What to do with surplus cash

Editor’s Note: This is the third in a 10-part series by Kirbey Lockhart titled “10 key decisions for business owners.”

If you are the owner-manager of a private Canadian corporation and have surplus cash accumulating in your company, you may be wondering whether to retain the funds in the company, or withdraw them while paying as little tax as possible.

If so, there are a number of questions you should consider before you take action.

Is there a business need for the cash?

When you realize that you have surplus cash in your corporation, ask yourself if you will need it for business purposes in the short term. Will you need to use the cash to pay installments of income tax or GST? Does your business experience seasonal slow periods when cash flow will need to be supplemented?

Consider whether you will have to pay down debts or make any major purchases in the near future.

If you have excess cash that won’t be used for business purposes, the investment income earned on this surplus cash may be taxed at the corporate investment tax rates, which are slightly higher than the top personal tax rates.

Do you need the surplus cash for personal purposes?

Do you have personal expenses coming up, such as income tax installments that must be paid on time? You may also be considering a major purchase like a vacation property or planning to help out with a family member’s education costs, wedding expenses or house down payment.

If you know you will need to withdraw surplus funds from the corporation to meet these personal expenses, consider when you will need the funds. It’s important to understand the tax consequences of making the withdrawal and whether it will be possible to make several withdrawals over a period of time to minimize tax costs.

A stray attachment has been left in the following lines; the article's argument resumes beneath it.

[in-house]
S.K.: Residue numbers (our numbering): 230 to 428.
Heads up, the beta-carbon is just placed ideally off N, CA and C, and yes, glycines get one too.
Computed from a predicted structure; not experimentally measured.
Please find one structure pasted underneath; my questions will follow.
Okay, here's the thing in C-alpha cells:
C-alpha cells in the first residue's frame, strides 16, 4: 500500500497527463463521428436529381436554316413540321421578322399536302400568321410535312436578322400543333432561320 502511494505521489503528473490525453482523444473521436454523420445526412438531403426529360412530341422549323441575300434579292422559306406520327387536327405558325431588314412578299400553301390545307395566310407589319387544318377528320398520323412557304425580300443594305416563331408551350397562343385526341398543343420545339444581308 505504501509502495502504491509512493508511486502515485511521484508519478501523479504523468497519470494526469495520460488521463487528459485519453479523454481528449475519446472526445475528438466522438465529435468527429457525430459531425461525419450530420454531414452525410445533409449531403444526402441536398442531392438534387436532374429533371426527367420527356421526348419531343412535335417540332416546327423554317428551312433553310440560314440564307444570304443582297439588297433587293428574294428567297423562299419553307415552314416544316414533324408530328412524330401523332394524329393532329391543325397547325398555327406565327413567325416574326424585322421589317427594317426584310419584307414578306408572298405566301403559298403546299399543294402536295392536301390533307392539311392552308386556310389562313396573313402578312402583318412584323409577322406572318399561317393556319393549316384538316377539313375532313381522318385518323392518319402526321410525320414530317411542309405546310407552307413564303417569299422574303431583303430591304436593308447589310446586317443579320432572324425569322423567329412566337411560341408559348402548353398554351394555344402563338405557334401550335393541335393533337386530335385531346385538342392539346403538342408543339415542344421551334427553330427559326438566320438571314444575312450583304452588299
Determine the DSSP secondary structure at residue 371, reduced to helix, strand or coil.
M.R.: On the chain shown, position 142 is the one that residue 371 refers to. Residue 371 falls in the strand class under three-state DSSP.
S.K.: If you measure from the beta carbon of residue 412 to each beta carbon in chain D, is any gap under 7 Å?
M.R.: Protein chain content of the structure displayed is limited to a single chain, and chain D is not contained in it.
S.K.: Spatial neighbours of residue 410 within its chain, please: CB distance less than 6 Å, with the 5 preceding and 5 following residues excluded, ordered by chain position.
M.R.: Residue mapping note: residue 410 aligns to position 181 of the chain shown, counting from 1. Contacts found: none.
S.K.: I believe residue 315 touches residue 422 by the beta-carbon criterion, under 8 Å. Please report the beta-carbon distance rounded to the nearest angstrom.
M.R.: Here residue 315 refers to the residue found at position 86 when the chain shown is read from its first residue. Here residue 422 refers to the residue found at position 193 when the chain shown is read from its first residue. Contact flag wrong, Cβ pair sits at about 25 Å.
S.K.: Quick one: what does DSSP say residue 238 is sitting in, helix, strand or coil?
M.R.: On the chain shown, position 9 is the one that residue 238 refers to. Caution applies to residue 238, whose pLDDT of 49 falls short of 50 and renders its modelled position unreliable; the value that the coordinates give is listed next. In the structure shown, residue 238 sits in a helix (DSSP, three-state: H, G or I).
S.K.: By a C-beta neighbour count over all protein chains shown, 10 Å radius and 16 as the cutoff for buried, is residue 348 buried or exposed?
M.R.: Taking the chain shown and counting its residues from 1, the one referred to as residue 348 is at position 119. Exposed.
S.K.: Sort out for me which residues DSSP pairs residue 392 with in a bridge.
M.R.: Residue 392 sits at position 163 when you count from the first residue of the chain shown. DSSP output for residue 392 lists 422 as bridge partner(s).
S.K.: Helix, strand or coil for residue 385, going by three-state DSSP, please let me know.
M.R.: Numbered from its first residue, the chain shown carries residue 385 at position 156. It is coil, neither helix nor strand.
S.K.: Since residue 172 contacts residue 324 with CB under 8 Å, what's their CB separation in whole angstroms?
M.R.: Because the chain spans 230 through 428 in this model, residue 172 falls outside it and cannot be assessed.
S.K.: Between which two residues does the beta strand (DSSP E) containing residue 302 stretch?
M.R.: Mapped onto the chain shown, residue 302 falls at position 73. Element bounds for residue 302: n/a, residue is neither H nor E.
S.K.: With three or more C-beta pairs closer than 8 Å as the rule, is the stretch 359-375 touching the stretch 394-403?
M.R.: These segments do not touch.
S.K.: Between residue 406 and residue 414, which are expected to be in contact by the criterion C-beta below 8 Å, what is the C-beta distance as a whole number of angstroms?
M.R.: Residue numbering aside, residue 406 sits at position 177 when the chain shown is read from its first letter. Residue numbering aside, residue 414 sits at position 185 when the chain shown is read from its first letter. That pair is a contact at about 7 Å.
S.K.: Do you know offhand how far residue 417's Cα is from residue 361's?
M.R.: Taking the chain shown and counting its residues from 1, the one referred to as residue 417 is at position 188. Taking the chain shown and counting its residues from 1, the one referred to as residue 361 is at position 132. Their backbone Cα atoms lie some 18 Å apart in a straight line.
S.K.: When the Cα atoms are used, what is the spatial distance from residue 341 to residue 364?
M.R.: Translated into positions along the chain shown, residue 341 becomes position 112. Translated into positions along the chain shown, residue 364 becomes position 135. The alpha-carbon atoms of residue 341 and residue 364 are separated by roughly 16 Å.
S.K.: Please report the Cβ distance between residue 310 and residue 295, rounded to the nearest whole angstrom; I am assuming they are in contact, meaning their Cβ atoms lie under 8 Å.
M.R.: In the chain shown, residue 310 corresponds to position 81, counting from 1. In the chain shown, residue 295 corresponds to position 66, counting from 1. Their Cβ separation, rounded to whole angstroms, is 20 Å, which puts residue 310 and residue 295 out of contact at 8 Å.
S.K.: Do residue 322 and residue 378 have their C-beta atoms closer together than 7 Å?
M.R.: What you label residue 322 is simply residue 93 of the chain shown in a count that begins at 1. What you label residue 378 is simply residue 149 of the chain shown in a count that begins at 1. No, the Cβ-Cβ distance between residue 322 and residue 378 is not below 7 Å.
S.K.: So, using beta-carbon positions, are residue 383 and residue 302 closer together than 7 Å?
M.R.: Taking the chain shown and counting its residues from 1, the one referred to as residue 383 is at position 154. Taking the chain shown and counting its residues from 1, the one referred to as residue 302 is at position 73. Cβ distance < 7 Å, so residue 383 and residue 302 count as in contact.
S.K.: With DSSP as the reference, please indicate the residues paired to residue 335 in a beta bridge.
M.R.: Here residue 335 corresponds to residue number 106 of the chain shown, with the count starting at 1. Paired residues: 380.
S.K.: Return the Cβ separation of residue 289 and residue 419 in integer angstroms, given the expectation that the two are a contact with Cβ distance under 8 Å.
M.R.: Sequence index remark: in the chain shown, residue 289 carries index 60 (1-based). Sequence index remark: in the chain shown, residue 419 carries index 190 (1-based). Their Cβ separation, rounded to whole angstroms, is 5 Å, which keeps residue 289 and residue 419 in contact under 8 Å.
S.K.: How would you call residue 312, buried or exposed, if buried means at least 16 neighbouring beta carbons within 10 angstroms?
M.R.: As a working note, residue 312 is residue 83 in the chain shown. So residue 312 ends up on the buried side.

What are the funds going to be used for?

If you don’t need the surplus funds immediately for business or personal purposes, what are your reasons for moving funds out of the corporation?

A good starting point is to analyze your longer-term goals, which could include:

Planning for retirement – are you going to use the funds for your retirement by contributing to a registered retirement savings plan (RSP), individual pension plan (IPP) or retirement compensation arrangement (RCA)?

Estate planning – do you want to enhance the value of the estate you will pass on to your family? Many potentially effective estate-planning strategies involve insurance-based solutions. The funds may grow on a tax-sheltered basis and may be accessed at retirement to supplement retirement income and/or be paid out tax-free on death.

Asset preservation – if you want to mitigate the risk of funds being subject to claims from corporate creditors, consider transferring excess cash to a holding company. There are various ways to accomplish this.

Note that keeping excess investments or an insurance policy in a corporation may disqualify your shares as qualifying small business shares, so that the capital gains exemption may not be available. One alternative is to implement these strategies within a properly structured holding company.

If you’ve decided to take funds out of your corporation, consider potential strategies that could help you make the withdrawal and minimize the tax consequences.

Kirbey Lockhart is an investment advisor with RBC Dominion Securities. This article is provided for information purposes only. Consult with a professional advisor before implementing a strategy.

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